This study has been forwarded to the European Commission as a preliminary step in the establishment of a Market Reform Plan being discussed between Athens and Brussels officials.

PPC has called for a sooner-than-planned withdrawal of its lignite-fired power stations as a result of the elevated cost entailed in operating these units, pushed higher by rising carbon emission right costs.

But the grid’s needs, as highlighted over the past few days of heatwave conditions, are preventing PPC from withdrawing lignite-fired units sooner.

Given the situation, the introduction of a strategic reserve mechanism, over a two-year period covering 2021 and 2022, has emerged as an alternative solution. This mechanism would enable PPC to seek compensation for maintaining its lignite-fired power stations on emergency stand-by.

The implementation of a capacity remuneration mechanism (CRM) will, according to Greece’s plan, ensue and offer incentive for new investments in projects such as gas-fueled power stations and energy storage.

The incorporation, into the strategic reserve mechanism, of the demand response system and natural gas-fired power stations is also being considered.

Athens and Brussels officials are striving for a finalized strategic reserve mechanism plan by the end of the year, which would enable its launch at the beginning of 2022.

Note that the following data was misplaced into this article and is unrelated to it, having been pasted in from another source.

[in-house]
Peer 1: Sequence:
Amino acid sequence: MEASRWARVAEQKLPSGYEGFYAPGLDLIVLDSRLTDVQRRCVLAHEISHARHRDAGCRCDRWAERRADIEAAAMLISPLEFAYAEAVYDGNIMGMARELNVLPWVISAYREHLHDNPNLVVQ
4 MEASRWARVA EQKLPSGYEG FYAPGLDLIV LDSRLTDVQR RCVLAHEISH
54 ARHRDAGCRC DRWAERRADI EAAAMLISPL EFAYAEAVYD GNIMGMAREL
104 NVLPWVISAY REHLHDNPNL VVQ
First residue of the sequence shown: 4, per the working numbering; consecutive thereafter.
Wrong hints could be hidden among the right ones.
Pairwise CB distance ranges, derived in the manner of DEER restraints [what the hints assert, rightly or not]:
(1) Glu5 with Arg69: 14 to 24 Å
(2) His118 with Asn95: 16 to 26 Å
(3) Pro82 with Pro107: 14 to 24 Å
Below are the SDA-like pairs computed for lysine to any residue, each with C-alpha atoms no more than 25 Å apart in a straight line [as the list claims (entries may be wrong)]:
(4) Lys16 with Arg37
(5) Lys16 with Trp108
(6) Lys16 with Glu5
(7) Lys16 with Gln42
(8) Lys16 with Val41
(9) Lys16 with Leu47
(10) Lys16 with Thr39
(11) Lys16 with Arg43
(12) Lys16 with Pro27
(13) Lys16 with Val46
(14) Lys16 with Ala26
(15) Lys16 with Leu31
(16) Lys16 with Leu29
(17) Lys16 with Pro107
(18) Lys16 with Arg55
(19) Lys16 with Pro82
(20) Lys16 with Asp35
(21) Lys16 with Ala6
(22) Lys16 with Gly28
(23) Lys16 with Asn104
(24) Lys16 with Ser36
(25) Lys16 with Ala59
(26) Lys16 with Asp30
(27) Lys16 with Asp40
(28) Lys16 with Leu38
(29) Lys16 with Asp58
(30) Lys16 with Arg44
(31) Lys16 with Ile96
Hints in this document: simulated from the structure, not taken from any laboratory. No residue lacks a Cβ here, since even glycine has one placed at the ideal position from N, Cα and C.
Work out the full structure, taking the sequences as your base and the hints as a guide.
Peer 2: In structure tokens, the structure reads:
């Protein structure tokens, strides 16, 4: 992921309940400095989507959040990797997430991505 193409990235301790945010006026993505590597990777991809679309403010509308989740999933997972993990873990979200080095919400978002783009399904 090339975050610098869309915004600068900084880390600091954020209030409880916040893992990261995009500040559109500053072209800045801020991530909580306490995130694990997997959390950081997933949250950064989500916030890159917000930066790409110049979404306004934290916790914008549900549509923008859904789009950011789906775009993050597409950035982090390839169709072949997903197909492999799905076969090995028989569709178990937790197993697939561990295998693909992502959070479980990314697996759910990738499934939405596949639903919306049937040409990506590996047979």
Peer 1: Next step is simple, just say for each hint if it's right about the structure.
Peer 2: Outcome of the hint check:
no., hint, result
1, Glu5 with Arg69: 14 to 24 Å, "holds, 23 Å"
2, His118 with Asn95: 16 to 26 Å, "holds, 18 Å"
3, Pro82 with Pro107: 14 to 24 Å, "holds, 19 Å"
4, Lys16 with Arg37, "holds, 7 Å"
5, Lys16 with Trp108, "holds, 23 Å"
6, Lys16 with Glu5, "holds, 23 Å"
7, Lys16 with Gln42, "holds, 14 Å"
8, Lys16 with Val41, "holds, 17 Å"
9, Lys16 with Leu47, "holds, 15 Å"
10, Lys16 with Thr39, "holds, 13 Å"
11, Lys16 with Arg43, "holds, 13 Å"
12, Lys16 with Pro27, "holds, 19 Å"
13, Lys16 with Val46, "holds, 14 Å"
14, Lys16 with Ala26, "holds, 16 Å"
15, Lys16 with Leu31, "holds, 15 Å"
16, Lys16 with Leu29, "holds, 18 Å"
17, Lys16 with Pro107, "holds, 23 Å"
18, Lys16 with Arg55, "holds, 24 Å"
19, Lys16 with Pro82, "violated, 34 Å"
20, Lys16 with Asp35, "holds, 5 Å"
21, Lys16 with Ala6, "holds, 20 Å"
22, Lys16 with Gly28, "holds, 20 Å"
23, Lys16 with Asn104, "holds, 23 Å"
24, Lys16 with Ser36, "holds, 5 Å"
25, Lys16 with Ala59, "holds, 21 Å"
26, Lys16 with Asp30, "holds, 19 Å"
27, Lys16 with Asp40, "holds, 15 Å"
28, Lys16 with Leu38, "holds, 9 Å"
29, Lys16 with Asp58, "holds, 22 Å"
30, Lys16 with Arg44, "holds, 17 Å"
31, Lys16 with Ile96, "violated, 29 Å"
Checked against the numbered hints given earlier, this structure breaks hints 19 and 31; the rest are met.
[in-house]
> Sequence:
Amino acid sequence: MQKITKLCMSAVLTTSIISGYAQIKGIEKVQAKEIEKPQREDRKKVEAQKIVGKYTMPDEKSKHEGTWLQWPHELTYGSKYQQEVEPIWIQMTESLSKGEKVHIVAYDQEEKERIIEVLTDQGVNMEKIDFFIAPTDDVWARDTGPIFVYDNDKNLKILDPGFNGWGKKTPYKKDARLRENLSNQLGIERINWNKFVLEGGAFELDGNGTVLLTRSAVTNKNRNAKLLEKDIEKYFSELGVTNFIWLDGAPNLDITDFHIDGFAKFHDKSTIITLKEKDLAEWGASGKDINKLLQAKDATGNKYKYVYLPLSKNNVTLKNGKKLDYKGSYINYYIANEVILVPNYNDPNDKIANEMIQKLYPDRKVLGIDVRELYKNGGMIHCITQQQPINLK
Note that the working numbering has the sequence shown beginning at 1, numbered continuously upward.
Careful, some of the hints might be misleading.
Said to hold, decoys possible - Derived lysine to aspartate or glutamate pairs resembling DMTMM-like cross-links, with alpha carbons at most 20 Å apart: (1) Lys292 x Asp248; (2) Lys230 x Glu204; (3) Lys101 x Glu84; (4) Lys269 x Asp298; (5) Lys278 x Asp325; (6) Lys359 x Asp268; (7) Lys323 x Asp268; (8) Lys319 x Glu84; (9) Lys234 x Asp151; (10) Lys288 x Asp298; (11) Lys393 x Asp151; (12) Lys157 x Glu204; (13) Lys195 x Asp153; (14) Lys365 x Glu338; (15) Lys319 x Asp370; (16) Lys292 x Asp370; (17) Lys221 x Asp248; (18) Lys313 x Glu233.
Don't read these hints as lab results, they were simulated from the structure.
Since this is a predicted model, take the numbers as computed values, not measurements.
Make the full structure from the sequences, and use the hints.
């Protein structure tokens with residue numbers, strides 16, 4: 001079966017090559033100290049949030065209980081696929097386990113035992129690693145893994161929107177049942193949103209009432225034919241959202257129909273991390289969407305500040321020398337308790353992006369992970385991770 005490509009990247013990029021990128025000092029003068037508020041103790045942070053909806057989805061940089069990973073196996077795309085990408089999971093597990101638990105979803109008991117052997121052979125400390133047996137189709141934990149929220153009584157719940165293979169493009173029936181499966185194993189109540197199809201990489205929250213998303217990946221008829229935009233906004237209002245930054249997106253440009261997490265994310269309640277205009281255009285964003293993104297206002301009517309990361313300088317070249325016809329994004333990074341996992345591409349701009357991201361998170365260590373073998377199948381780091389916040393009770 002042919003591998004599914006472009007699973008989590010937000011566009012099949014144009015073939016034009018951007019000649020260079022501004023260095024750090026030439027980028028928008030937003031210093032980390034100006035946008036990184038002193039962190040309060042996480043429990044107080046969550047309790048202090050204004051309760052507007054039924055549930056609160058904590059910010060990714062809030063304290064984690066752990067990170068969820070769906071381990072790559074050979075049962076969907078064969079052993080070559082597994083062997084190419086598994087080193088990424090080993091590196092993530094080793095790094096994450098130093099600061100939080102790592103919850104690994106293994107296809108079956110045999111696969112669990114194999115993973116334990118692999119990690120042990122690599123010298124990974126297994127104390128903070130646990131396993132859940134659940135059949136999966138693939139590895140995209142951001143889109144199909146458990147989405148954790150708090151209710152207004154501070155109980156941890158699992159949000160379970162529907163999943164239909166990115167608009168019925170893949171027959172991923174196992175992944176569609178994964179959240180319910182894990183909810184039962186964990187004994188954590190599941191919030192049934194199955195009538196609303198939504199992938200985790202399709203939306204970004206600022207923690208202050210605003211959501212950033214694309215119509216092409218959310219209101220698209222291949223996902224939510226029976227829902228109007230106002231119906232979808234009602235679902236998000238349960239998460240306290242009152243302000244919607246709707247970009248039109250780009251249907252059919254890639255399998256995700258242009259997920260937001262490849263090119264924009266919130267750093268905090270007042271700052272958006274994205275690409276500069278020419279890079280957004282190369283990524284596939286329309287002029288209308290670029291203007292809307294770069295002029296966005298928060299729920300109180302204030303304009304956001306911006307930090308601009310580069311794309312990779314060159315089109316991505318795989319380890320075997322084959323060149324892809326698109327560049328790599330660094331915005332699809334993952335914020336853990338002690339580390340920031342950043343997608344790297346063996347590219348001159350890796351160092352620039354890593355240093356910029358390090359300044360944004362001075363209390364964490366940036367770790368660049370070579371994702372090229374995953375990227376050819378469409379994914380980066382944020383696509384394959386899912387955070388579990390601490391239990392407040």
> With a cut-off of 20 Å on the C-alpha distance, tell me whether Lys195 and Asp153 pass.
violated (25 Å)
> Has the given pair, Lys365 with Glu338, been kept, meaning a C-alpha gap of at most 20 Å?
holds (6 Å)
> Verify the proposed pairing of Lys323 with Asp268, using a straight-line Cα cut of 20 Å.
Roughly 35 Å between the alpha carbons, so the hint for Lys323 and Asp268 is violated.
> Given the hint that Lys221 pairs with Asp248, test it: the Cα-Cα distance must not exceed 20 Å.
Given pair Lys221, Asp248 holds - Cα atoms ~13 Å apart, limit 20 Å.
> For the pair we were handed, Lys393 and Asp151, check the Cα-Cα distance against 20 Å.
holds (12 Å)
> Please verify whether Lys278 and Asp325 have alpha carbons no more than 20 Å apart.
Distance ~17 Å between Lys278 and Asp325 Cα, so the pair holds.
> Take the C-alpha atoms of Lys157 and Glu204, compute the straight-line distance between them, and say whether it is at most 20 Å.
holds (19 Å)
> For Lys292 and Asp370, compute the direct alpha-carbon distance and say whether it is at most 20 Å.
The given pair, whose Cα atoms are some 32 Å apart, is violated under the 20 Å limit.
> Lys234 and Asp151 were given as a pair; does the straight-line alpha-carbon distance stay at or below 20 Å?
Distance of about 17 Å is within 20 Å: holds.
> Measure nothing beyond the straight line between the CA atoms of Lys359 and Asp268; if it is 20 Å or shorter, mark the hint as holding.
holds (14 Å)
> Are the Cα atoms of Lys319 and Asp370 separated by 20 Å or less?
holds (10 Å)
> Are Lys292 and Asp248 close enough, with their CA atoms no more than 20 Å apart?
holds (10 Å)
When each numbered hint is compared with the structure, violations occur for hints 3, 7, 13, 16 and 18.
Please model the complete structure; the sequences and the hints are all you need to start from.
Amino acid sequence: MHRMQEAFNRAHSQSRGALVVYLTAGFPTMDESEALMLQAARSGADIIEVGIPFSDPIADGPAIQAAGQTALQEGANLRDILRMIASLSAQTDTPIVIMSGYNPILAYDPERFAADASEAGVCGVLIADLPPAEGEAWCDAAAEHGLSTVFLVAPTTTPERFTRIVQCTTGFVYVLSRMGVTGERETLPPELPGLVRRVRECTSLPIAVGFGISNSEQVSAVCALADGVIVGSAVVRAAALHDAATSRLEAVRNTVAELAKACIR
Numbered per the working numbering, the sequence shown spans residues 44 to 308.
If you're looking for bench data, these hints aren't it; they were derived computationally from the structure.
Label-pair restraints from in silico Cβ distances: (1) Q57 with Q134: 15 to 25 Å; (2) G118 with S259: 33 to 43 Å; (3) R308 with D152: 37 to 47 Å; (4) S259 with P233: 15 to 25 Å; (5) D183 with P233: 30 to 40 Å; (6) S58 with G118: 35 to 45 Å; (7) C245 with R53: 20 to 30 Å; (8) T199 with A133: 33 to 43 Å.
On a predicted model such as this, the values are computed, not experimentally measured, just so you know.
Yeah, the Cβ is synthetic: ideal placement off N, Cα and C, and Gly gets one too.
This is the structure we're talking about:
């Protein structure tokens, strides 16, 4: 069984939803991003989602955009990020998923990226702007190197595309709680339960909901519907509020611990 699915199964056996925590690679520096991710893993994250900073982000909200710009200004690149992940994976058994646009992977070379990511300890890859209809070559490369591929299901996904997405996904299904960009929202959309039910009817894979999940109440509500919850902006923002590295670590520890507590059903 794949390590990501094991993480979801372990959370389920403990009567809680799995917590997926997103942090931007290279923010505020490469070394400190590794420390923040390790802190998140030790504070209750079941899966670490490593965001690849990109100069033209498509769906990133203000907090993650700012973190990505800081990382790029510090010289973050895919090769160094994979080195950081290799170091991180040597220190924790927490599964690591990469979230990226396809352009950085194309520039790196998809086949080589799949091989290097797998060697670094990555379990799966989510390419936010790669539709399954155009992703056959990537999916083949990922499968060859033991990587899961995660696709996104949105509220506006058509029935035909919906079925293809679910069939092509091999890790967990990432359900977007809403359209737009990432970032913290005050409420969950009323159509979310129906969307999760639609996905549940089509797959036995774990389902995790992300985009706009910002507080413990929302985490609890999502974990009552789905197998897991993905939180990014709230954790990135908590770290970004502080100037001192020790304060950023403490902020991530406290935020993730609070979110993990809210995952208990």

Second market test launched for PPC lignite power packages

The European Commission has launched a second and revised market test to measure the level of interest of independent suppliers in power utility PPC’s lignite-generated electricity packages.

Suppliers have received a questionnaire as part of the procedure, staged following a subdued response to a first test in which participants more or less wrote off PPC lignite-generated electricity packages as a measure that could intensify competition in the electricity market. Participants have until July 14 to forward their responses.

A final antitrust agreement was reached at a mid-May meeting in Athens between energy minister Kostas Skrekas and the European Commission’s Vice-President Margrethe Vestager, also Brussel’s Commissioner for Competition.

Some revisions have been introduced to the lignite-based electricity package solution now being tested. The PPC packages would be offered through the energy exchange futures market, not through bilateral contracts with independent suppliers, as was originally proposed.

A second important revision concerns the pricing formula for these packages. It will now be determined through direct negotiation between the buyer and PPC through the futures market, without a market prices floor. Under the previous model, the price of the packages was based on the wholesale price minus a discount.

According to sources, the mechanism offering lignite electricity packages will remain valid until December, 2024, or, otherwise, will expire as soon as the country’s final lignite-fired power station has been withdrawn, if this precedes the aforementioned date.

Given these dates, the output of PPC’s Ptolemaida V, expected to be launched in 2023, initially as a lignite-fired unit before it converts to gas in 2026, will contribute to the lignite electricity packages.